Executives from Japanese auto safety parts manufacturer Takata Corp., as well as Honda and Chrysler, faced questions from U.S. senators on Thursday over the millions of potentially fatal, defective air bag systems that are linked to at least six deaths. The hearing began with a call on automakers to step up efforts to accommodate consumers while companies struggle to obtain parts to replace faulty systems.  

Sen. Bill Nelson, D-Fla., said in his opening remarks that “because of people driving around with a defective air bag in the steering wheel and dashboard -- the automobile makers need to provide a loaner [vehicle]” while companies repair recalled cars.

The demand to provide loaner vehicles would require 10 automakers (see below for an updated list of affected cars) to make costly arrangements with dealerships to provide customers with temporary replacement cars as they deliver parts and make the necessary repairs. Under current U.S. regulatory law, car companies aren't compelled to make these accommodations even if the defect is potentially fatal. Earlier this year, General Motors voluntarily provided this service to owners of 2.59 million older sedans containing a defective ignition switch.

The news comes as the U.S. National Highway Traffic Safety Administration faces criticism for initially allowing region-based recalls of the affected cars. On Tuesday, NHTSA backtracked and expanded the recalls to all affected cars nationwide. Previously, NHTSA allowed Takata and automakers to limit the recall to areas of the country with high humidity, because according to Takata, the cause of the flaw is extended exposure to moist air that causes water contamination of the chemicals inside the air bag inflator.

Takata is struggling to make replacement parts fast enough. NHTSA told Bloomberg last month that Takata would have two production lines installed by January to speed up the production of replacement air bag systems.

Here’s the latest list of vehicles affected by the faulty Takata air bag systems:

Honda/Acura: 5,051,364 potentially affected vehicles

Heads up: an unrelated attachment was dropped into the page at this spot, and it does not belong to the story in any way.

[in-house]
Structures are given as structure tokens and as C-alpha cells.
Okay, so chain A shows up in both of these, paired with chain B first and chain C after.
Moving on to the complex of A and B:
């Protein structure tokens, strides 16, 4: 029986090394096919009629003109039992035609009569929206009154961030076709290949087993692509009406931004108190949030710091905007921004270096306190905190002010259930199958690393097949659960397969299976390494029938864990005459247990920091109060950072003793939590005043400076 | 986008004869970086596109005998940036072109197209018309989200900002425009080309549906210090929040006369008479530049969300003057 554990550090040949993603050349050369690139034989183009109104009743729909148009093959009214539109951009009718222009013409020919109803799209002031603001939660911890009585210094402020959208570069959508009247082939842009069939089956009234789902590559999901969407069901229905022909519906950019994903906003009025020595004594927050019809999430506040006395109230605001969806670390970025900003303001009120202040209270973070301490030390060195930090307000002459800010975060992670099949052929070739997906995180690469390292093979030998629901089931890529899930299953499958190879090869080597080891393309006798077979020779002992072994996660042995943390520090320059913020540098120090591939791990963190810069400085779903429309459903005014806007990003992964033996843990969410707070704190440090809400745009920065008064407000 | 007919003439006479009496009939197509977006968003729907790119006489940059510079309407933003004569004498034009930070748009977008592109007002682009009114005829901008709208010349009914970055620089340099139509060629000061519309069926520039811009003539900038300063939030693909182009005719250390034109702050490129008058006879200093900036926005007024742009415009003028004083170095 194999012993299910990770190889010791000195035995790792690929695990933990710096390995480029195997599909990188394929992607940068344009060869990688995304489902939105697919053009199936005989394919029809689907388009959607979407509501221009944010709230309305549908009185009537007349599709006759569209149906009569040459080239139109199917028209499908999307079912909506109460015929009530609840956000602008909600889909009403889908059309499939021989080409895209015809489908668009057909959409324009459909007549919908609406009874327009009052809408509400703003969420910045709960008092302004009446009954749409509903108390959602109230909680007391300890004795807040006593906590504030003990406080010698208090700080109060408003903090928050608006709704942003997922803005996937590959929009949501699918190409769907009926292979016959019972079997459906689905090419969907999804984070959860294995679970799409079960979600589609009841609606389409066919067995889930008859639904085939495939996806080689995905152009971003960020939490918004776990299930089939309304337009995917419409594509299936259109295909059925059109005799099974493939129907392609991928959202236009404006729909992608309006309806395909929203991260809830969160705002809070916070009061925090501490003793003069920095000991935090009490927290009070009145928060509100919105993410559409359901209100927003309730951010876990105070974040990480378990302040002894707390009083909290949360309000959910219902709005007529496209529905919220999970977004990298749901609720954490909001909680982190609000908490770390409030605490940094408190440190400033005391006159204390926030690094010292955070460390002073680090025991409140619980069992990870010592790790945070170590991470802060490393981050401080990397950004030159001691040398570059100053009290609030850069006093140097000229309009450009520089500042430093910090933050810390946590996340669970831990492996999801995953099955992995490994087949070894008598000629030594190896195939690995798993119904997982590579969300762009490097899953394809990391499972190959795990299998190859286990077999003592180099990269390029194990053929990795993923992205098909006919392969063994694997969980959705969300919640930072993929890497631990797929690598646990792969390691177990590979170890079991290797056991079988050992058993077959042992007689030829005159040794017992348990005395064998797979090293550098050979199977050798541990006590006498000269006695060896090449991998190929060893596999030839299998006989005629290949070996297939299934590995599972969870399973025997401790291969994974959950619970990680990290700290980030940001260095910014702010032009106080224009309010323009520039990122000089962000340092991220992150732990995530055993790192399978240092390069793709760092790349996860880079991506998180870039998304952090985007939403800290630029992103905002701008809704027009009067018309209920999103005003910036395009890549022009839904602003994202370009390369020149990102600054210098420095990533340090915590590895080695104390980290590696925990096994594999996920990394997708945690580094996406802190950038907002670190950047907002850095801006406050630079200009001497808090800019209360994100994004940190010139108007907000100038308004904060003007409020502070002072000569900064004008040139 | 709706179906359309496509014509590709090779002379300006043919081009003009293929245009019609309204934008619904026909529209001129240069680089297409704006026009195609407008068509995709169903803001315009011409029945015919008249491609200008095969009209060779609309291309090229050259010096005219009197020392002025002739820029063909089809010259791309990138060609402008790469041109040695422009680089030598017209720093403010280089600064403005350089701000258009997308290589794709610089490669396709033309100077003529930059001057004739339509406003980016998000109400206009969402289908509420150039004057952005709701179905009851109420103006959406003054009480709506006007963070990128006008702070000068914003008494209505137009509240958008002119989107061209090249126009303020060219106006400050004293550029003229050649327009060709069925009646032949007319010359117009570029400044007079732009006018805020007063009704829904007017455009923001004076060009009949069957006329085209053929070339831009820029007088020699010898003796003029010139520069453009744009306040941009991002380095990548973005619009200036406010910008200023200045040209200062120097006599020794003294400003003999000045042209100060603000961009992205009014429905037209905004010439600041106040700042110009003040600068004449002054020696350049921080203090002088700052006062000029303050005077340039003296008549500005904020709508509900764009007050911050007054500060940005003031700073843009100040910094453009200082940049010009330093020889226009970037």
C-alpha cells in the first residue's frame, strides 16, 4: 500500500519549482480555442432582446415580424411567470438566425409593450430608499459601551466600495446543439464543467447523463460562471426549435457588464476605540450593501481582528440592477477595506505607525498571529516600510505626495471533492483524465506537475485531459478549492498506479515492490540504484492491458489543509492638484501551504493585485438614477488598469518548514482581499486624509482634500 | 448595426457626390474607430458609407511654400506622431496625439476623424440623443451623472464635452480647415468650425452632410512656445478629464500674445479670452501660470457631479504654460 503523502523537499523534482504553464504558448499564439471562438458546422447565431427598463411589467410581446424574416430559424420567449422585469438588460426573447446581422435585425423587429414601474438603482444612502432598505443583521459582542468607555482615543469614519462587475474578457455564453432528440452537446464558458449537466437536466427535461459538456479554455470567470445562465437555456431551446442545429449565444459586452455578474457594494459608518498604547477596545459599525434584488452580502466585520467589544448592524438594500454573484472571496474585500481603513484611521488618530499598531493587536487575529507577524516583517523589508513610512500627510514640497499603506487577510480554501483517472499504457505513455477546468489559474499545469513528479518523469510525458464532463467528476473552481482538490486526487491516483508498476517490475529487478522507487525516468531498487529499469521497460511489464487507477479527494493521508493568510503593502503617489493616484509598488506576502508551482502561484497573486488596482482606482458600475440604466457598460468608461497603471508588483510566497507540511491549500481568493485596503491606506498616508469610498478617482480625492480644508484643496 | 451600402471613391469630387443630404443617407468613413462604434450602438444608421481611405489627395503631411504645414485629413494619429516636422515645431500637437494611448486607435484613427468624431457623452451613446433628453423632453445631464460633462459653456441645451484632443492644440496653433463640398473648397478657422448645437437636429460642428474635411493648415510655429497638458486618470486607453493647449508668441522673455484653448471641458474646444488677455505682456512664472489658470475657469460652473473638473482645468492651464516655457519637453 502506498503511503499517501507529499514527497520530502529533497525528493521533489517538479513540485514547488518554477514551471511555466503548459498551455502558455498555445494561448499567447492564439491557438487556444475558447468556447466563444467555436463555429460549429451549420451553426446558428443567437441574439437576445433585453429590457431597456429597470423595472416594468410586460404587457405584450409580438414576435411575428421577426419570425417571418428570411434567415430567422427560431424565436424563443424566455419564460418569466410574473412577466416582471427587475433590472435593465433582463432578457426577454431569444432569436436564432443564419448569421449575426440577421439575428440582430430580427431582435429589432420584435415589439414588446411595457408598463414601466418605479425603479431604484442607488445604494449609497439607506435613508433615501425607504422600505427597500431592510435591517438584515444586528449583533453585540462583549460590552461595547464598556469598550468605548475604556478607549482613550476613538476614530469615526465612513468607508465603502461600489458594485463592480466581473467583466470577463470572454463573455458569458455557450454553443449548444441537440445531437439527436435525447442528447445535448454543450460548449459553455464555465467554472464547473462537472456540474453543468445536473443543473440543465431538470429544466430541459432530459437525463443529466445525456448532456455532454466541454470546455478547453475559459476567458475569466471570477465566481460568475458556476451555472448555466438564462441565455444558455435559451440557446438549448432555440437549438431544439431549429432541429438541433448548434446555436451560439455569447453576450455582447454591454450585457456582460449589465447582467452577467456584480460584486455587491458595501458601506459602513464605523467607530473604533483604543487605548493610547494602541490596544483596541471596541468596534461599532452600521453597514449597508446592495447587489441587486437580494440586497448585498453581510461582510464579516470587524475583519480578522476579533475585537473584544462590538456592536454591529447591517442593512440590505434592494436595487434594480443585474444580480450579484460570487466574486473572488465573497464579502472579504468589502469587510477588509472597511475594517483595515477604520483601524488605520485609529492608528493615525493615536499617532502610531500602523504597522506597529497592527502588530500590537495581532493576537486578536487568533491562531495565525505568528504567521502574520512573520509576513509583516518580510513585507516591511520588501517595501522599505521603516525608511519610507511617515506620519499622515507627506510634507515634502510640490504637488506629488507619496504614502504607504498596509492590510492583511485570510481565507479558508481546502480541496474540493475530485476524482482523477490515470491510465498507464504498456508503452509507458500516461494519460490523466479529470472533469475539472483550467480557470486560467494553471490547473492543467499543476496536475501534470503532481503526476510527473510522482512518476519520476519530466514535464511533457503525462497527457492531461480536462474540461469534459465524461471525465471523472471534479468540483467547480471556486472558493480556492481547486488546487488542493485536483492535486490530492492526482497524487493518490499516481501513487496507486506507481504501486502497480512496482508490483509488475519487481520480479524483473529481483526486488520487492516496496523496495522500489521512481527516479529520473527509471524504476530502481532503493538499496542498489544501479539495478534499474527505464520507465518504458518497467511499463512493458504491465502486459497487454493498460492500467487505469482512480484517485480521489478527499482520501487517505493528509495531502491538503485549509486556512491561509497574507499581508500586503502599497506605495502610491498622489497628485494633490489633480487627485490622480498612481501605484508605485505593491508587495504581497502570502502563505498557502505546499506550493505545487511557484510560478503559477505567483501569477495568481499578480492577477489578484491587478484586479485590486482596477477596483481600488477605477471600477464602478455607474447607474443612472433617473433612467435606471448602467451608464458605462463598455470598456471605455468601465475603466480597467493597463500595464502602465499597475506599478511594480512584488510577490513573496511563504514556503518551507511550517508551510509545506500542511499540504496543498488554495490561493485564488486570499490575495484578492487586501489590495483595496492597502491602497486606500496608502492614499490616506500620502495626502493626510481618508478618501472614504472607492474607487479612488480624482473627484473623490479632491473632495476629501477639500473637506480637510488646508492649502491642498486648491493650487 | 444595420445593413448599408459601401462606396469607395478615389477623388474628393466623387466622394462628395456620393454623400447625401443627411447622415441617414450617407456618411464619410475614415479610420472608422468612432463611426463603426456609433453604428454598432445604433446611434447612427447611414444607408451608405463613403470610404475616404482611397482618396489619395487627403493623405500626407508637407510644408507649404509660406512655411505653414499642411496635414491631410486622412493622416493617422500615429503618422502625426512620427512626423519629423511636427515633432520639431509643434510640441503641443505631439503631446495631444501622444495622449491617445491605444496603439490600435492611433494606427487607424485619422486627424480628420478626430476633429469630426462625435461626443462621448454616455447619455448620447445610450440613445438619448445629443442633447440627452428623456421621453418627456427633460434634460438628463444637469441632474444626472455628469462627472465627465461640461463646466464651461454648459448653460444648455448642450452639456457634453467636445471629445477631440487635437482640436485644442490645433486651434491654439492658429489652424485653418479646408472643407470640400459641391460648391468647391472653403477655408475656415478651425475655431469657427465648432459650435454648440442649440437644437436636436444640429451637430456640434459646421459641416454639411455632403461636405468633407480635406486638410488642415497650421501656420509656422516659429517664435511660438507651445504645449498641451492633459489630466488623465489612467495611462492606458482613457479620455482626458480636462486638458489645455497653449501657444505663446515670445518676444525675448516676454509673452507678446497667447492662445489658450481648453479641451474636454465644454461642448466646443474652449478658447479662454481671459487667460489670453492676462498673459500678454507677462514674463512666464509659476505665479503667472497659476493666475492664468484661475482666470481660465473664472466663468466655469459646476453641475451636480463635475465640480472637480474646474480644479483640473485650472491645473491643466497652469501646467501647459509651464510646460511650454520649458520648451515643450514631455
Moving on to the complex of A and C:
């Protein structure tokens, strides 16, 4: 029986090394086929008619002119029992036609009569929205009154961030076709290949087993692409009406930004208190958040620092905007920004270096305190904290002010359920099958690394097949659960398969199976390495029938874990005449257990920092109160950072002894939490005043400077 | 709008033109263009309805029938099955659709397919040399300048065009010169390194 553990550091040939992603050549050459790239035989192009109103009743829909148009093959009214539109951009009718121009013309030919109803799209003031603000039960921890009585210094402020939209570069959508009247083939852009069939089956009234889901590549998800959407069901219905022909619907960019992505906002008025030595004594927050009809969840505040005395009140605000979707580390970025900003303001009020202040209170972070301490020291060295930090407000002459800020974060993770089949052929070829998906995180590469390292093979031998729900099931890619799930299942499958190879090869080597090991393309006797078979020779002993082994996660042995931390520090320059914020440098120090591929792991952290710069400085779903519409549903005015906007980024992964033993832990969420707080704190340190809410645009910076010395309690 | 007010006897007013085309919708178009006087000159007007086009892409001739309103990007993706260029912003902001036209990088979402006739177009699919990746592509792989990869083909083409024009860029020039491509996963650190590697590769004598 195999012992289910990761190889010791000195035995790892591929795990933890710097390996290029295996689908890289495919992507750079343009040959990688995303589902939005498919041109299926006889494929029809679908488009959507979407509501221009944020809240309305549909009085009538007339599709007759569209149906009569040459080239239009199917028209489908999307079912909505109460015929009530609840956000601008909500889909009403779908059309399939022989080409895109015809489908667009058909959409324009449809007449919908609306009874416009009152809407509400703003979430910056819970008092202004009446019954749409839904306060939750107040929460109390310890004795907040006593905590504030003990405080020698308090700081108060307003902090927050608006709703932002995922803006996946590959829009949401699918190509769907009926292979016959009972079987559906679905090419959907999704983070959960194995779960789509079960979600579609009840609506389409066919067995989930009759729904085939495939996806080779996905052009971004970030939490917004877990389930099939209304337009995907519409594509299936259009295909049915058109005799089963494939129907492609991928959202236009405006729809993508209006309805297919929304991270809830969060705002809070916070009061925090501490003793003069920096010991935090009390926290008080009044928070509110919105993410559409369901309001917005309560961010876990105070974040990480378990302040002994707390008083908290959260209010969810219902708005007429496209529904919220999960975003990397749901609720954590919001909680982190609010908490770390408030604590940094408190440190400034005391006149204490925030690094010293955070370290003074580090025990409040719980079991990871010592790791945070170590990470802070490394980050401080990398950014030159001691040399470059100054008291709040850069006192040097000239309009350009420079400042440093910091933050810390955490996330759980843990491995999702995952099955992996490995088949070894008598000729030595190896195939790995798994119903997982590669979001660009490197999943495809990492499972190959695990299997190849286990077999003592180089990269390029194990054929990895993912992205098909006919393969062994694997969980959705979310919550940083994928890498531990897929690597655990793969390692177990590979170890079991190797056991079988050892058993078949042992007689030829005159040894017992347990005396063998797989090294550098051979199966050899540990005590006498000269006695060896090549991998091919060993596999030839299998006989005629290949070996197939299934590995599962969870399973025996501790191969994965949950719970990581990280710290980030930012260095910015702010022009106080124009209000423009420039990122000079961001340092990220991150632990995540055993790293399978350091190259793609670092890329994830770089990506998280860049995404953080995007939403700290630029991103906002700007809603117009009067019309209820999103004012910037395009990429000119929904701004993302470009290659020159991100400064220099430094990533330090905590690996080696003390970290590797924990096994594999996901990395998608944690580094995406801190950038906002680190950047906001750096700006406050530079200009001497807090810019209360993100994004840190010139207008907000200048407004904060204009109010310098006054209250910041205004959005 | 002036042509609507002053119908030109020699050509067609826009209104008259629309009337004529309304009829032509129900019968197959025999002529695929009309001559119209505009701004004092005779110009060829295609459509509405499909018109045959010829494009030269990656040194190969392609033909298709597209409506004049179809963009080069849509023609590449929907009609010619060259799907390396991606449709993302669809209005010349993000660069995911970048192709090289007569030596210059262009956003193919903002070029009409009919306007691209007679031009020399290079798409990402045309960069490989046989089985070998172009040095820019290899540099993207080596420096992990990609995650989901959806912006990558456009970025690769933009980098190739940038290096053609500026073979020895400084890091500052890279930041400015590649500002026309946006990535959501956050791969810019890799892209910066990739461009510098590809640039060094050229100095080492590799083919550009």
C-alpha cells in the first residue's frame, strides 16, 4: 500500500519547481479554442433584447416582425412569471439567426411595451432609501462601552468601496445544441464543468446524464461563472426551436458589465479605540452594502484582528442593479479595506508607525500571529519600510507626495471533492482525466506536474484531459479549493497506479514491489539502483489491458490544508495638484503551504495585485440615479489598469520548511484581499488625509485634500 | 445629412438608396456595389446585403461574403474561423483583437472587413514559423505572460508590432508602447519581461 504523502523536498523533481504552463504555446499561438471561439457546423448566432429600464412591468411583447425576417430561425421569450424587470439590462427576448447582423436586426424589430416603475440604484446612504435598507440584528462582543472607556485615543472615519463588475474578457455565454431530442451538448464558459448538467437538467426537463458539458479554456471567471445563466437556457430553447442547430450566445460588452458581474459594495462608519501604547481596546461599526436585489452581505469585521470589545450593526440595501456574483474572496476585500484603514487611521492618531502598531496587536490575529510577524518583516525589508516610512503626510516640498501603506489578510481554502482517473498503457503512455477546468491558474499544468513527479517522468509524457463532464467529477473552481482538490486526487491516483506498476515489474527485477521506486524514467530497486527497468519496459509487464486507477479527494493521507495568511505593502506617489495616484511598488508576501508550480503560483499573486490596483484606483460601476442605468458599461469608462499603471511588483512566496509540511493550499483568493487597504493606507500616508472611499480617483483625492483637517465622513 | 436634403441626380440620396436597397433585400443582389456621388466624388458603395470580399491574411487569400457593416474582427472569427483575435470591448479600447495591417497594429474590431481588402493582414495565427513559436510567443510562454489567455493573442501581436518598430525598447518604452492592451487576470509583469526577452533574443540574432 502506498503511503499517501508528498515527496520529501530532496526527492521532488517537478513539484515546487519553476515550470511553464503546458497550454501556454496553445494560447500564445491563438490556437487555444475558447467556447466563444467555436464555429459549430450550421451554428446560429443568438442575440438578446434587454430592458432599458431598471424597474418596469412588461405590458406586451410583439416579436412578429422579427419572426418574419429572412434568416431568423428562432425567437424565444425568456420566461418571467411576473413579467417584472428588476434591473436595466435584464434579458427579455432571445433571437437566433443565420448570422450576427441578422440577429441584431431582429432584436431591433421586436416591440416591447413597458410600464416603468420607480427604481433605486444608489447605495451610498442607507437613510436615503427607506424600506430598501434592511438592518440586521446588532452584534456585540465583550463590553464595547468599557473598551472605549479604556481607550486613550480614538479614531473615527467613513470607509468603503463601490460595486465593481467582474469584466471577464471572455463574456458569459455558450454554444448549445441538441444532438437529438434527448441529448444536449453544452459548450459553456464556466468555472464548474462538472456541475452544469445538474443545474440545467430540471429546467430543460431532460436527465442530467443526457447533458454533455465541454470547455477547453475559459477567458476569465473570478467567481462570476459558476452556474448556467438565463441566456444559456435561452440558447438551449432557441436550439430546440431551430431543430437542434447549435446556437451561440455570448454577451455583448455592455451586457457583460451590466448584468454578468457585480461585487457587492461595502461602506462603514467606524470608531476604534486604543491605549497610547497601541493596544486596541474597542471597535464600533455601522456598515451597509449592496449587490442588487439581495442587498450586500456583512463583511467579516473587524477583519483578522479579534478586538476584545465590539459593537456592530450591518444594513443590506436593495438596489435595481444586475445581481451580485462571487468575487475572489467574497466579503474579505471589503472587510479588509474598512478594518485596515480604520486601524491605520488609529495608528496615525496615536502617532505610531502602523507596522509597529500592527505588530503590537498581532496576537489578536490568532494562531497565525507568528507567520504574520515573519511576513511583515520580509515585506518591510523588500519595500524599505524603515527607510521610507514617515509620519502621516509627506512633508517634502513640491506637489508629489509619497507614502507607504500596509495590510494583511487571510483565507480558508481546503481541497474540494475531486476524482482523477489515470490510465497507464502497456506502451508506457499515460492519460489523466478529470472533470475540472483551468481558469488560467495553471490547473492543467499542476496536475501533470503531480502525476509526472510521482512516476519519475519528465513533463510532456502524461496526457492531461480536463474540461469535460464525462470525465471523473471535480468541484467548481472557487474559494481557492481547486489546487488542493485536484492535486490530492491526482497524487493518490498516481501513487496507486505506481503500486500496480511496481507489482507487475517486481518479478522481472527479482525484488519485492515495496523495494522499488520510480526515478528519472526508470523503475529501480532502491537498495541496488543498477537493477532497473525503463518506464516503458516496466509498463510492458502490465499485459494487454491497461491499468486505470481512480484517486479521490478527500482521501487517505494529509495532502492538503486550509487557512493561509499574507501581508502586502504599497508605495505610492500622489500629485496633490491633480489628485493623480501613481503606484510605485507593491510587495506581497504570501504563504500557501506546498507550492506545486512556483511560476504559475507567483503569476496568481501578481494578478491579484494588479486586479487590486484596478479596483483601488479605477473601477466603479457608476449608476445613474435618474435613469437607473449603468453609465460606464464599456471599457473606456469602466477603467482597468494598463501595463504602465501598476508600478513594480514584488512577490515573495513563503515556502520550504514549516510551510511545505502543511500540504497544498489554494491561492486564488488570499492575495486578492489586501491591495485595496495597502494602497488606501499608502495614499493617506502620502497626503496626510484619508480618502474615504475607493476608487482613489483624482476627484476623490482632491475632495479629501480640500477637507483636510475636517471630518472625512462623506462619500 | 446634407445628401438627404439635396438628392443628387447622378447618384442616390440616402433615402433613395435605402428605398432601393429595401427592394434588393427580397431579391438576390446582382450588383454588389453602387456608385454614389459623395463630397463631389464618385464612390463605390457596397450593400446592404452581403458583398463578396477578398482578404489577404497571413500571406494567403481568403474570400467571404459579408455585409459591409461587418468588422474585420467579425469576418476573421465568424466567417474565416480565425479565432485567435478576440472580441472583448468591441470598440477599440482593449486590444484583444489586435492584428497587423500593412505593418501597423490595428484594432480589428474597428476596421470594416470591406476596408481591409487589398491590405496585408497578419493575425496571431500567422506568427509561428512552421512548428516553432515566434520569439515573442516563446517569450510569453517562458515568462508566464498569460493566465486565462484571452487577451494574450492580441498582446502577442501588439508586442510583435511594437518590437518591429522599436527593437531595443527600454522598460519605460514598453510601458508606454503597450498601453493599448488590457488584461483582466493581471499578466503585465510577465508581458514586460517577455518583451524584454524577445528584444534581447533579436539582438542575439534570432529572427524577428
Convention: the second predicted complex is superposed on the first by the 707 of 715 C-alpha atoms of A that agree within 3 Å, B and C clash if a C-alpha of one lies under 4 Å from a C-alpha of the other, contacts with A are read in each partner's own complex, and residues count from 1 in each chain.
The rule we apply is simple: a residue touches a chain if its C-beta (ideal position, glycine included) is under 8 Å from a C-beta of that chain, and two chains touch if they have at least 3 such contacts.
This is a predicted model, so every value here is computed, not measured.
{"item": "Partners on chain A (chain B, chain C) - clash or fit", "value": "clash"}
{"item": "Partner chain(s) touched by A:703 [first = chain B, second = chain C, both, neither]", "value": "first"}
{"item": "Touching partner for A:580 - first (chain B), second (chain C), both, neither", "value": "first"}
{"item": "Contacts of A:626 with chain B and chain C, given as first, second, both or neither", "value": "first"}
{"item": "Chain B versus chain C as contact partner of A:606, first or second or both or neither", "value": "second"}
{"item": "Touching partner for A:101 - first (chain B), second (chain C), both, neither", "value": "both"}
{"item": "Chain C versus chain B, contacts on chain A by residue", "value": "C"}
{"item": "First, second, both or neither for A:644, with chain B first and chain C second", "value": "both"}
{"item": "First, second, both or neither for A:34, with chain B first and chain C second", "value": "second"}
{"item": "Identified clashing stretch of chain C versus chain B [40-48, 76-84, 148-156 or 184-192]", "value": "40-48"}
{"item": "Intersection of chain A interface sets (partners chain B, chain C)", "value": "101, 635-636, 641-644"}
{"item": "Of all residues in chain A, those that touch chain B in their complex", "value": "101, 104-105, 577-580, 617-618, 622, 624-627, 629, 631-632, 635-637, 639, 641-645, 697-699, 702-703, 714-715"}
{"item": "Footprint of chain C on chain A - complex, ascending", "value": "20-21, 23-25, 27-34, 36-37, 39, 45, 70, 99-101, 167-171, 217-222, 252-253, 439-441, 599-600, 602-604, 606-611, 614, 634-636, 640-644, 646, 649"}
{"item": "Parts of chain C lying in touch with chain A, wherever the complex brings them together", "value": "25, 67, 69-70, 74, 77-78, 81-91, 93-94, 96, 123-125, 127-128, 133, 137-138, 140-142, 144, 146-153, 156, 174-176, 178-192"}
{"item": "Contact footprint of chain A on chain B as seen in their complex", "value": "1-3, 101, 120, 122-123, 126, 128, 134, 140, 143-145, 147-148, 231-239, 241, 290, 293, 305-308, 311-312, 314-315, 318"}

2001 – 2007 Honda Accord

2001 – 2005 Honda Civic

2002 – 2006 Honda CR-V

2003 – 2011 Honda Element

2002 – 2004 Honda Odyssey

2003 – 2007 Honda Pilot

2006 – Honda Ridgeline

2003 – 2006 Acura MDX

2002 – 2003 Acura TL/CL

2005 – Acura RL

Toyota/Lexus: 877,000 potentially affected vehicles

2002 – 2005 Lexus SC430

2002 – 2005 Toyota Corolla

2003 – 2005 Toyota Matrix

2002 – 2005 Toyota Sequoia

2003 – 2005 Toyota Tundra

Nissan/Infiniti: 717,364 potentially affected vehicles

2001 – 2003 Nissan Maxima

2001 – 2004 Nissan Pathfinder

2002 – 2006 Nissan Sentra

2001 – 2004 Infiniti I30/I35

2002 – 2003 Infiniti QX4

2003 – 2005 Infiniti FX35/FX45

2006 Infiniti M35/M45

BMW: 627,615 potentially affected vehicles

2000 – 2005 3 Series Sedan

2000 – 2006 3 Series Coupe

2000 – 2005 3 Series Sports Wagon

2000 – 2006 3 Series Convertible

2001 – 2006 M3 Coupe

2001 – 2006 M3 Convertible

Chrysler Group: 371,309 potentially affected vehicles

2003 – 2008 Dodge Ram 1500

2005 – 2008 Dodge Ram 2500

2006 – 2008 Dodge Ram 3500

2006 – 2008 Dodge Ram 4500

2008 – Dodge Ram 5500

2005 – 2008 Dodge Durango

2005 – 2008 Dodge Dakota

2005 – 2008 Chrysler 300

2007 – 2008 Chrysler Aspen

Mazda: 64,872 potentially affected vehicles

2003 – 2007 Mazda6

2006 – 2007 Mazdaspeed6

2004 – 2008 Mazda RX-8

2004 – 2005 MPV

2004 B-Series Truck

Ford: 58,669 potentially affected vehicles

2004 – Ranger

2005 – 2006 GT

2005 – 2007 Mustang

Subaru: 17,516 potentially affected vehicles

2003 – 2005 Baja

2003 – 2005 Legacy

2003 – 2005 Outback

2004 – 2005 Impreza

Mitsubishi: 11,985 potentially affected vehicles

2004 – 2005 Lancer

2006 – 2007 Raider



General Motors/Saab: undetermined number of potentially affected vehicles  2003 2005 – Pontiac Vibe

2005 – Saab 9-2X

Correction: The original story said Sen. Richard Blumenthal, D-Conn., called on automakers to provide loaners to owners of affected vehicles. It was Sen. Bill Nelson, D-Fla., who made the call.